Hextall returns as Flyers' possible 'GM in waiting'

Hextall returns as Flyers' possible 'GM in waiting'

July 16, 2013, 9:00 am
Share This Post

Ron Hextall (right) is back with the Flyers as assistant general manager to Paul Holmgren. (AP)

Flyers president Peter Luukko promised the summer would be “crazy.”
 
His general manager, Paul Holmgren, said the same thing.
 
And it has been just that -- crazy.
 
First, the buyouts of Danny Briere and Ilya Bryzgalov. Then, the unexpected signing of Vinny Lecavalier, followed by Ray Emery deciding to leave Chicago to return here.
 
And now this -- Ron Hextall’s surprising return to the Flyers as assistant general manager and director of hockey operations (see story).
 
Suddenly, the Flyers’ managerial future is just beyond Holmgren’s corner office at the Skate Zone in Voorhees.
 
“A new set of eyes,” was how one person described it.
 
Indeed, Hexy’s 49-year-old eyes and unabashed opinions will again be heard, mostly within the confines of the organization -- not the general public.
 
Hextall’s predecessor, Chris Pryor, moves down from director of hockey operations to director of scouting; assistant coach John Paddock moves up to director of player personnel; Dave Brown becomes head scout.
 
Same people, new titles and new responsibilities.
 
Still, the bottom line is, as one NHL executive with a Stanley Cup to his name said, Hexy is now the “GM in waiting” for Holmgren’s job.
 
This isn’t, as fans perceive it, "Homer’s out and Hexy is in."
 
What it is, is Hextall being solidly in the No. 2 chair ready to assume Holmgren’s post. If the Flyers’ offseason moves don’t pan out after not making the playoffs, and club chairman Ed Snider decides that’s it, Hextall can immediately be slotted in as Holmgren’s successor without needing a search party.
 
That said, Holmgren’s moves have been pretty good this summer. There’s no reason why, on paper, they won’t work out.
 
Which means Hextall bides his time until he gets the tap on the shoulder.
 
Hextall was the No. 3 man in the Bob Clarke era. He left here when Holmgren succeeded Clarke. He was No. 2 behind GM Dean Lombardi in Los Angeles.
 
So why be No. 2 again? Hextall said his “gut” told him to do it.
 
Think about it. Hextall wouldn’t have left L.A. to be No. 2 again unless he knew his next promotion is closer to becoming a reality in Philly than Los Angeles.
 
More importantly, the Flyers are getting a fresh look at their entire scouting/drafting operation, which outside of the first round, has been sub-par for a long time now.
 
Hextall revitalized the Kings' hockey ops and gets a chance to do the same here. Not including this June’s past NHL draft, here's a breakdown of the Flyers' draft struggles:
 
• Last 13 prior drafts, going back to 2000, the Flyers have had 12 first-round picks. Ten of those picks have played or are playing in the NHL, of which only two -- Claude Giroux and Sean Couturier -- are currently Flyers
 
• Since 1995, the Flyers’ best second-round player who made it to the NHL has been Andreas Nodl, now playing for the Carolina Hurricanes
 
• Looking at the Flyers’ picks from the third round through the seventh, over the prior 13 drafts, they have just four drafted players who are active and playing regular minutes on some NHL roster, and just one player on their own roster -- Zac Rinaldo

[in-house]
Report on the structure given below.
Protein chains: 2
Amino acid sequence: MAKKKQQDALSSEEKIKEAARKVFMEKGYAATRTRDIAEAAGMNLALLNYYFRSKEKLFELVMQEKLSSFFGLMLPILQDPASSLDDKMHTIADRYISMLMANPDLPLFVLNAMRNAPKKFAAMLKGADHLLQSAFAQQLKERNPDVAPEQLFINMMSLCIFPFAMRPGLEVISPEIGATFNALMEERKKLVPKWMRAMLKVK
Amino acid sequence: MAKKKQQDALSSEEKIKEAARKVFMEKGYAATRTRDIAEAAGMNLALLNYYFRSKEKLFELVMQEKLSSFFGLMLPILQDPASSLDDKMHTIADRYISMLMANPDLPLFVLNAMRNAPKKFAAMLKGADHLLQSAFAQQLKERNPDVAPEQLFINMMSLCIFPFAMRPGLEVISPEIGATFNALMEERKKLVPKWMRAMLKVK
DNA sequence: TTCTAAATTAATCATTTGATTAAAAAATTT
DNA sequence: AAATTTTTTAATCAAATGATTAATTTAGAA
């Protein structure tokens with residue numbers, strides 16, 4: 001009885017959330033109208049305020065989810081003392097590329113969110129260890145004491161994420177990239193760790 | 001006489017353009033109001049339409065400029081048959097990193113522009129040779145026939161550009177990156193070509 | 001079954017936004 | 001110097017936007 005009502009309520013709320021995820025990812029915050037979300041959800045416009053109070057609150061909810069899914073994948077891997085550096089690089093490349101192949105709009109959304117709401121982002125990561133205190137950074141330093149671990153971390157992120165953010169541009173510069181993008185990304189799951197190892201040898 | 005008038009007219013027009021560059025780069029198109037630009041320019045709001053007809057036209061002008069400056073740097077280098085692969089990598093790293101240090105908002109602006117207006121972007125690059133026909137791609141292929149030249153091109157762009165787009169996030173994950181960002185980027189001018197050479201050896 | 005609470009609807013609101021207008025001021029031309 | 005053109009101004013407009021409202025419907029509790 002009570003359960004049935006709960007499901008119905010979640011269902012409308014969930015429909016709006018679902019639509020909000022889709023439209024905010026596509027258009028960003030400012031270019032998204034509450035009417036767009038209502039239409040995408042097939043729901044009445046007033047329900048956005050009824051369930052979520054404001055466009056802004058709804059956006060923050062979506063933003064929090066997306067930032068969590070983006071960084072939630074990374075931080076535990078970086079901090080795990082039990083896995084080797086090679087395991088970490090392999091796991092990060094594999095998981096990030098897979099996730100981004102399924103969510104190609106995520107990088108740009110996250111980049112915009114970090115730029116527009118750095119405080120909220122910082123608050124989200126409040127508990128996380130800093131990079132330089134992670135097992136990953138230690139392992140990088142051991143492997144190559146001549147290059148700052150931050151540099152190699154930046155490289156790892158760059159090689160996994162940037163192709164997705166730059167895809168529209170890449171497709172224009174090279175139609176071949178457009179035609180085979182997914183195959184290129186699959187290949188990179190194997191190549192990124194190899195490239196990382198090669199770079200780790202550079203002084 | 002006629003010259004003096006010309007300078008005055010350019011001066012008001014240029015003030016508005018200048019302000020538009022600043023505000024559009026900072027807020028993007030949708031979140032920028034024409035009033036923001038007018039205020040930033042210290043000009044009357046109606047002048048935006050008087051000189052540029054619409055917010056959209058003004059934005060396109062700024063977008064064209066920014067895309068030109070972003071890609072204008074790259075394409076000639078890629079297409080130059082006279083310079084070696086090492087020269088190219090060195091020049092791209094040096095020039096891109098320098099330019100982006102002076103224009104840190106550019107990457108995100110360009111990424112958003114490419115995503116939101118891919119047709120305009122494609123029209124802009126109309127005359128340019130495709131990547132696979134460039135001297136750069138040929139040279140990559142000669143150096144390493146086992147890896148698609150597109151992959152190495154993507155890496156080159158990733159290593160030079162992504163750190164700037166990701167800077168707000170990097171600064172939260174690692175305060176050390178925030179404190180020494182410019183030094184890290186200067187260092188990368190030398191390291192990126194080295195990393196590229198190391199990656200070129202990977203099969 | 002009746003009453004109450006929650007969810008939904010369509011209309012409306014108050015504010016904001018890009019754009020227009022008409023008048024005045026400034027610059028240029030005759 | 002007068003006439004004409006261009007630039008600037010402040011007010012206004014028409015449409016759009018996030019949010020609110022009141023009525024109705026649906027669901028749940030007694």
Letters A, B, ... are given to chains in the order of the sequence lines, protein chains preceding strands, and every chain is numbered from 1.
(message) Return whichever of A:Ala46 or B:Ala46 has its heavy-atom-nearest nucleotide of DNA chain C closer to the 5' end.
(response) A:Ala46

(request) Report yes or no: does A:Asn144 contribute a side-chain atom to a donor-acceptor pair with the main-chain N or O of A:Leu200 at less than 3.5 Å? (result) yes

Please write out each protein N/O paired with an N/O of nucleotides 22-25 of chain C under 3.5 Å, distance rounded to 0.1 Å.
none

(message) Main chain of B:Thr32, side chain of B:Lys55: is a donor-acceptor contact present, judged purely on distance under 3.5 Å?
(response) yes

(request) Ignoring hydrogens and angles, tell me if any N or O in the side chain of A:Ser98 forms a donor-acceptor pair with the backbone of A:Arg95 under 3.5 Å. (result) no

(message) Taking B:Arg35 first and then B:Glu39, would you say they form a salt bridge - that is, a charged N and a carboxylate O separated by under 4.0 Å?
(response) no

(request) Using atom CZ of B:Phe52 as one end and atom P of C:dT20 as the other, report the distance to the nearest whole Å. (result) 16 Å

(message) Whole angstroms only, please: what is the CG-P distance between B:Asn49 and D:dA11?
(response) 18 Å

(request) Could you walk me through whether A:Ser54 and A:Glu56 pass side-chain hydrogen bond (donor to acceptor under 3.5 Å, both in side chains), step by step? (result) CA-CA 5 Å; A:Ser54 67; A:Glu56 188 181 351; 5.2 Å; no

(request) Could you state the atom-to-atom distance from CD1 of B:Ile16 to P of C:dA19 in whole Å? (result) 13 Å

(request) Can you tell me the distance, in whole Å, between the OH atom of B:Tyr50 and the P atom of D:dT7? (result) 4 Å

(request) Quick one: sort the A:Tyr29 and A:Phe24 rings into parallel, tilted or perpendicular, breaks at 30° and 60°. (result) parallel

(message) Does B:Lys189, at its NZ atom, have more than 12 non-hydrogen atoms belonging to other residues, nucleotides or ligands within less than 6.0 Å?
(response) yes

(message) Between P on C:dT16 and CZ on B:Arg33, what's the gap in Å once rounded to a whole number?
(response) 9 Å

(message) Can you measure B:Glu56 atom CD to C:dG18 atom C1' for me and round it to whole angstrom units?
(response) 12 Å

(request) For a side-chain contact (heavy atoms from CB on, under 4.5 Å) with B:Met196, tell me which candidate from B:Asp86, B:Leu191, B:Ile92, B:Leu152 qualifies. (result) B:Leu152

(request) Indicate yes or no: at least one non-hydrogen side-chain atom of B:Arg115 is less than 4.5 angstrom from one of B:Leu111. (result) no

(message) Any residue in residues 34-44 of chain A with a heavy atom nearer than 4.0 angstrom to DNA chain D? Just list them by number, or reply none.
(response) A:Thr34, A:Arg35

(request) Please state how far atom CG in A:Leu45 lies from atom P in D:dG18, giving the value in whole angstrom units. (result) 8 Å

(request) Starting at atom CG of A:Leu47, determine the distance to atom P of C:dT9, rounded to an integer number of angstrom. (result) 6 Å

• The Flyers are the only NHL team over that same span of time without a single active drafted/developed defenseman playing regular minutes for them -- not someone else -- every night
 
This is where Hextall gets to make his mark and help turn the Flyers’ future fortunes around behind the scenes. He cut his teeth in the scouting department after he retired in 1999.
 
His no-nonsense approach, coupled with an aggressive demeanor, also means he won’t tolerate continued failures by the organization to produce more NHL players.
 
Holmgren is impressed with Hextall's "knowledge of building teams from the ground up, which basically is what they did in L.A. when he went there,” Holmgren said.
 
“They were a team that wasn’t in real playoff shape and they build their team into Stanley Cup players. I think the things he learned in L.A. and was a part of in L.A. can be helpful to us moving forward.”
 
Hextall said a “gut feeling” told him this was the right job, the right place and the right time.
 
Lombardi will tell you he was a big part of the Kings’ organizational rise from the time he arrived in 2006 until now, which included winning the Stanley Cup in 2012.
 
Hextall was asked whether coming back here placed him a step closer to being a general manager.
 
“Every general manager at some point is going to step down, whether it’s Paul Holmgren or Dean Lombardi, or any of the 28 guys in the league and none of us know when or where that happens,” Hextall said.
 
“It’s just my gut. I’m going with my gut and will look back in two or three or five years and figure out whether it’s the right decision or not, but I feel strongly about it now. It was not an easy decision.”
 
Holmgren approached Hextall at the draft knowing the ex-Flyer goalie's contract with the Kings was expiring. Holmgren and Lombardi are close friends, former Flyers associates and board members with USA Hockey.
 
Lombardi obviously gave Hextall his blessing to move on.
 
“I’m certain that he’s got lot of different ideas, more different ideas than when he left here a number of years ago,” Holmgren said of Hextall.
 
“It’s a real big deal for the Flyers' organization.”

More Team Talk